I hear you, Jums.
There's some guys I'd trust with my lunch. There's a few guys I'd
trust with my wife. There's just about no guys I'd trust standing
next to me on the range while they're practicing draws, unless we had
a nice metal barrier between us.
The range I usually go to is outdoors and has no individual cages.
Guys who want to draw and shoot are segregated behind a berm from the
rest of the range. I wouldn't go there with my best friend.
But, I do go there when I'm the only one around.
Thomas J. Watson - Cabinetmaker
Gulph Mills, Pennsylvania
My wife and I used to shoot at a range in Plano where we could practice
The problem with the Texas CHL is that once you have it you can't carry
in a manner that lets anyone else see your weapon.
My problem is that my wife shoots a much tighter pattern than I do on a
silhouette target. Scary.
Jim Mc Namara wrote:
A few years back, one of the TV news-magazine shows ran a story of a robber
who, while robbing a convenience store, got into a discussion of guns with
the clerk. The clerk told the guy that his gun was a collector's item and
offered to buy it from him for cash. The robber agreed, at which point the
clerk had the guy wait for the cops to arrive. :-)
Not quite, but too close. Yet they leave you with pencils, pens and similar
tools, as well as magazines, all of which can make superb, and deadly, weapons.
"Republicans understand the importance of bondage between a mother and child."
I tend to think my samsonite brief case, filled with books and a
laptop makes a great shield and something to swing at a bad guy.
This paranoid action by the government to confiscate fingernail
clippers, rifle brass in folded flags, and GI joe's plastic rifle is
nuts. It scares the hell of out me that our society accepts this
mindless bravo siera. I truely believe that an armed society is a
polite society. Agressors fear victims that can mount an effective
defence. How often do police departments get shot up by nutcases over
shootings in weapon free zones?
I thought the button idea where a poll on how many passengers think
the a/c is being hi-jacked gets sent electronically to the faa was a
non-violent way to fight back. It also might be a way to take some of
the attractiveness of hijacking a plane off the table as far as
A bit later, I thought that maybe the idea could be used to vector the
a/c to a safe point to sort things out. We do have the technology to
do that. It keeps the USAF from shooting it down immediately over a
The question now is, is it more dangerous to have an a/c that can be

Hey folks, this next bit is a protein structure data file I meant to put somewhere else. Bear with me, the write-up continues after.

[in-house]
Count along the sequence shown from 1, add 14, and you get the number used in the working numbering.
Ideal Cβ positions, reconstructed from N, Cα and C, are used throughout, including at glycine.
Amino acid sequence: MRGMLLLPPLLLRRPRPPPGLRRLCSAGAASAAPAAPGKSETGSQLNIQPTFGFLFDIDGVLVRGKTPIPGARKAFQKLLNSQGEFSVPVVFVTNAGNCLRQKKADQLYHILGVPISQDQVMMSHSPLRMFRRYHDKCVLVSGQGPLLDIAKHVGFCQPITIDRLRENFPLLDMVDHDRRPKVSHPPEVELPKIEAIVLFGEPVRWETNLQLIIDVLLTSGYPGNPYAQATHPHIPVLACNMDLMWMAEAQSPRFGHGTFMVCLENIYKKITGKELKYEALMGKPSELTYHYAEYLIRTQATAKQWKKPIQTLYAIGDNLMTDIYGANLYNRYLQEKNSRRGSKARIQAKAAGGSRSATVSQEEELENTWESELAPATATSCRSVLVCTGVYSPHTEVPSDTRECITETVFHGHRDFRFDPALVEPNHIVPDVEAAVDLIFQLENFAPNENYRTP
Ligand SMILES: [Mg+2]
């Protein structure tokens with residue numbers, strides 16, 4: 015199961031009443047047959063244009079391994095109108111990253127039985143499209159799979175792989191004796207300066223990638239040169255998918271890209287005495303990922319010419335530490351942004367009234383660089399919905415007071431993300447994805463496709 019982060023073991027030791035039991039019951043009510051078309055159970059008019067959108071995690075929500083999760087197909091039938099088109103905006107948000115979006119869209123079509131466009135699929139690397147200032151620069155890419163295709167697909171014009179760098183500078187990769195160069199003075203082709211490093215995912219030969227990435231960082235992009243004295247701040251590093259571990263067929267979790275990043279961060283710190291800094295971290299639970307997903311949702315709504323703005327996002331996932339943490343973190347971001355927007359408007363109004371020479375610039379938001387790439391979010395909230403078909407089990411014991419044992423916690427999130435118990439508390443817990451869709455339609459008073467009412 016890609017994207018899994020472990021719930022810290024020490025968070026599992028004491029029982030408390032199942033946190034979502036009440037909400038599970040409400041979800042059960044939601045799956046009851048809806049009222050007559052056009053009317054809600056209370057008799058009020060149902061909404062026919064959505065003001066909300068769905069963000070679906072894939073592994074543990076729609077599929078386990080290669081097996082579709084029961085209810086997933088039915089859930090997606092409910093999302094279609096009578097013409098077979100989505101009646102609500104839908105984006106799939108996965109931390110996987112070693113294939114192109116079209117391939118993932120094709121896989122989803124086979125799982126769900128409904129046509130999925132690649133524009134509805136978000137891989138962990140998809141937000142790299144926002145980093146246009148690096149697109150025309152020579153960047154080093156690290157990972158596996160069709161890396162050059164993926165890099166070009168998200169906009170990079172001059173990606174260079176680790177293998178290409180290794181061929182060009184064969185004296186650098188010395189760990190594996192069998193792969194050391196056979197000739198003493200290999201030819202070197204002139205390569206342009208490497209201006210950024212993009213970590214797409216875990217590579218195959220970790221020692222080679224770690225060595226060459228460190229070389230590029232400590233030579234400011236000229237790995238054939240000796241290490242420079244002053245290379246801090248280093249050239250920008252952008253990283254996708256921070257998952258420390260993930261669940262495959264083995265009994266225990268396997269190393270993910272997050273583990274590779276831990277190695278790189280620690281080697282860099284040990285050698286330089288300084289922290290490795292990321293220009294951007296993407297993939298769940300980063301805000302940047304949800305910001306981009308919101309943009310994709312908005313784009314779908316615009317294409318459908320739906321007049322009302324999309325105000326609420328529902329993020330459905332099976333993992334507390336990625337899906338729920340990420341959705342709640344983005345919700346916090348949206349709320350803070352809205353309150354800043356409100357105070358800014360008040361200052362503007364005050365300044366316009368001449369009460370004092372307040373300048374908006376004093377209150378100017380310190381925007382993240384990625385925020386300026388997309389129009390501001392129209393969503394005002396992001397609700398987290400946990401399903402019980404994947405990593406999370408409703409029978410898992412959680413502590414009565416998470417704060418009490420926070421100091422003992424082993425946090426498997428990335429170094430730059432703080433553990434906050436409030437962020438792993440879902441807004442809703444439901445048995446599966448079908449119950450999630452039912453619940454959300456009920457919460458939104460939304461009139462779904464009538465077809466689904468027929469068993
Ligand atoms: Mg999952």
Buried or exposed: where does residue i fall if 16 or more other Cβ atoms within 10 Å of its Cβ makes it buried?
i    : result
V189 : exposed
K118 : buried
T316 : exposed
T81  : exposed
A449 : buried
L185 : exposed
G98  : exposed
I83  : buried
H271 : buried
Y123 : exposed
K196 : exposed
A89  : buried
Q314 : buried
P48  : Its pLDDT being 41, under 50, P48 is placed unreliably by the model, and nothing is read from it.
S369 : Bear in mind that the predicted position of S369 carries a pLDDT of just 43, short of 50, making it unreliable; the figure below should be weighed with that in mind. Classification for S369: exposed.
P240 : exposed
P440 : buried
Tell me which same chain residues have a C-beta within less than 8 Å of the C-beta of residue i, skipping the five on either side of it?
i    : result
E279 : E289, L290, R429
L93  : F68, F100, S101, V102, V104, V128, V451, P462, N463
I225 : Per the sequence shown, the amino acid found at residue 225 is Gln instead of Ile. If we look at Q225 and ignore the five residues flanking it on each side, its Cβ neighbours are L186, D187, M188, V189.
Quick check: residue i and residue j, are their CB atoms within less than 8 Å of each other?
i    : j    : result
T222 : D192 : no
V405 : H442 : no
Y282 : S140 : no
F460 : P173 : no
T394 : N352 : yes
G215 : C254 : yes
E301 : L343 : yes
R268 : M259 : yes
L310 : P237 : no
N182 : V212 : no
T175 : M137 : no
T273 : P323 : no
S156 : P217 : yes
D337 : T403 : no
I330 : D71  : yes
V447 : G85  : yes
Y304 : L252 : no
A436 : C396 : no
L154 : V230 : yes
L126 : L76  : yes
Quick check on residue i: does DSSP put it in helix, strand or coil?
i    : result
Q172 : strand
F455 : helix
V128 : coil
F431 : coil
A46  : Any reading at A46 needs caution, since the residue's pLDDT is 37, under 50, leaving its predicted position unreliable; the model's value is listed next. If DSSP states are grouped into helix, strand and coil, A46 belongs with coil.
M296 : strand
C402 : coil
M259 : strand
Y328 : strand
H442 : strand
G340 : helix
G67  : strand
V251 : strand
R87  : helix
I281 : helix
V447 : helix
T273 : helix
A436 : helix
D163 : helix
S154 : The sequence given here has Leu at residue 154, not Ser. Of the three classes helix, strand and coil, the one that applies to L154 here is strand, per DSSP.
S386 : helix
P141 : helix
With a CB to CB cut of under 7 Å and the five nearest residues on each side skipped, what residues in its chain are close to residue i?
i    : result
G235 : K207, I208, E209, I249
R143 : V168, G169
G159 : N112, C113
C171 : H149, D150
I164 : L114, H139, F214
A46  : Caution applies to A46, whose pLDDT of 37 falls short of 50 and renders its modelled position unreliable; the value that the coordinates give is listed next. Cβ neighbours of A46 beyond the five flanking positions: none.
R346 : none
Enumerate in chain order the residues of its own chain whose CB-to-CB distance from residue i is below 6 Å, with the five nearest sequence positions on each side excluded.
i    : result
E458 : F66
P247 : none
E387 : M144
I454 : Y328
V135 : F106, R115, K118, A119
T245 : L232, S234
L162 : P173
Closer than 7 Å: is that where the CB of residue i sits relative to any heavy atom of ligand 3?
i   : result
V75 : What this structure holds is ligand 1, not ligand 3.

told to fly somewhere against the wish of whoever pilots it (good guys
or bad) than to have a plane full of people at the mercy of some bad
guys that managed to get into that hardened cockpit and plan to fly it
into something we would rather not be hit.
Whiskey Echo Sierra Sierra AT Gee Tee EYE EYE dot COM
Damn - I wish all you guys (myself included) would send pro-gun messages
to every policitian and liberal news agency that has an email address.
I wonder if Ted Nugent has a standard form letter we can spam them with?
just a thought
Mark from Pasadena, MD
Don't forget paper cups.
The problem with 'found weapons' is that for every Al Queda Jackie Chan wannabee
that can actually use one of these 'available weapons' with some degree of
efficacy, there's some fat, old, slobbering ex-SF type in 16C that might rise to
the occasion and garrote the bastard with the headset cord on his Walkman CD
player. Ever had a fresh perked pot of airline coffee poured in your lap? Takes
the starch right out of you.
On the subject of pressurization loss due to gunfire, most of the stuff I've seen
(I'm a research engineer with an aero engineering degree when I'm not running
around in battle dress or a flight suit on the weekend) suggests that you could
have a pretty good handgun fight in First Class and still maintain pressurization
unless someone with a Desert Eagle puts one through all the layers of the cockpit
primary windscreens. In that case, the folks not willing to stay tethered to the
e-O2 get very sleepy. Time of useful consciousness is seconds at oceanic cruise
altitudes and under a minute even at RJ altitudes. Hopefully, the crew is
in quick don mask mode and has the crash ax out to finish the job.
Charlie Self wrote:
and then what?
at some point, the passengers and crew are gonna figure out they are
being hijacked - but then what should they do.
Calling 911 only sends the dustpan and broom.
I say - hand everyone a taser when they board the plane.
I say - get back to our constitutional basics.
I say - arm everyone. The bad guys have an overwhelming advantage in
Would you hijack a plane with 200 people armed with tasers? and expect
to complete your mission?
Personally I think your idea has as many holes as merits.
Mark from Pasadena, MD
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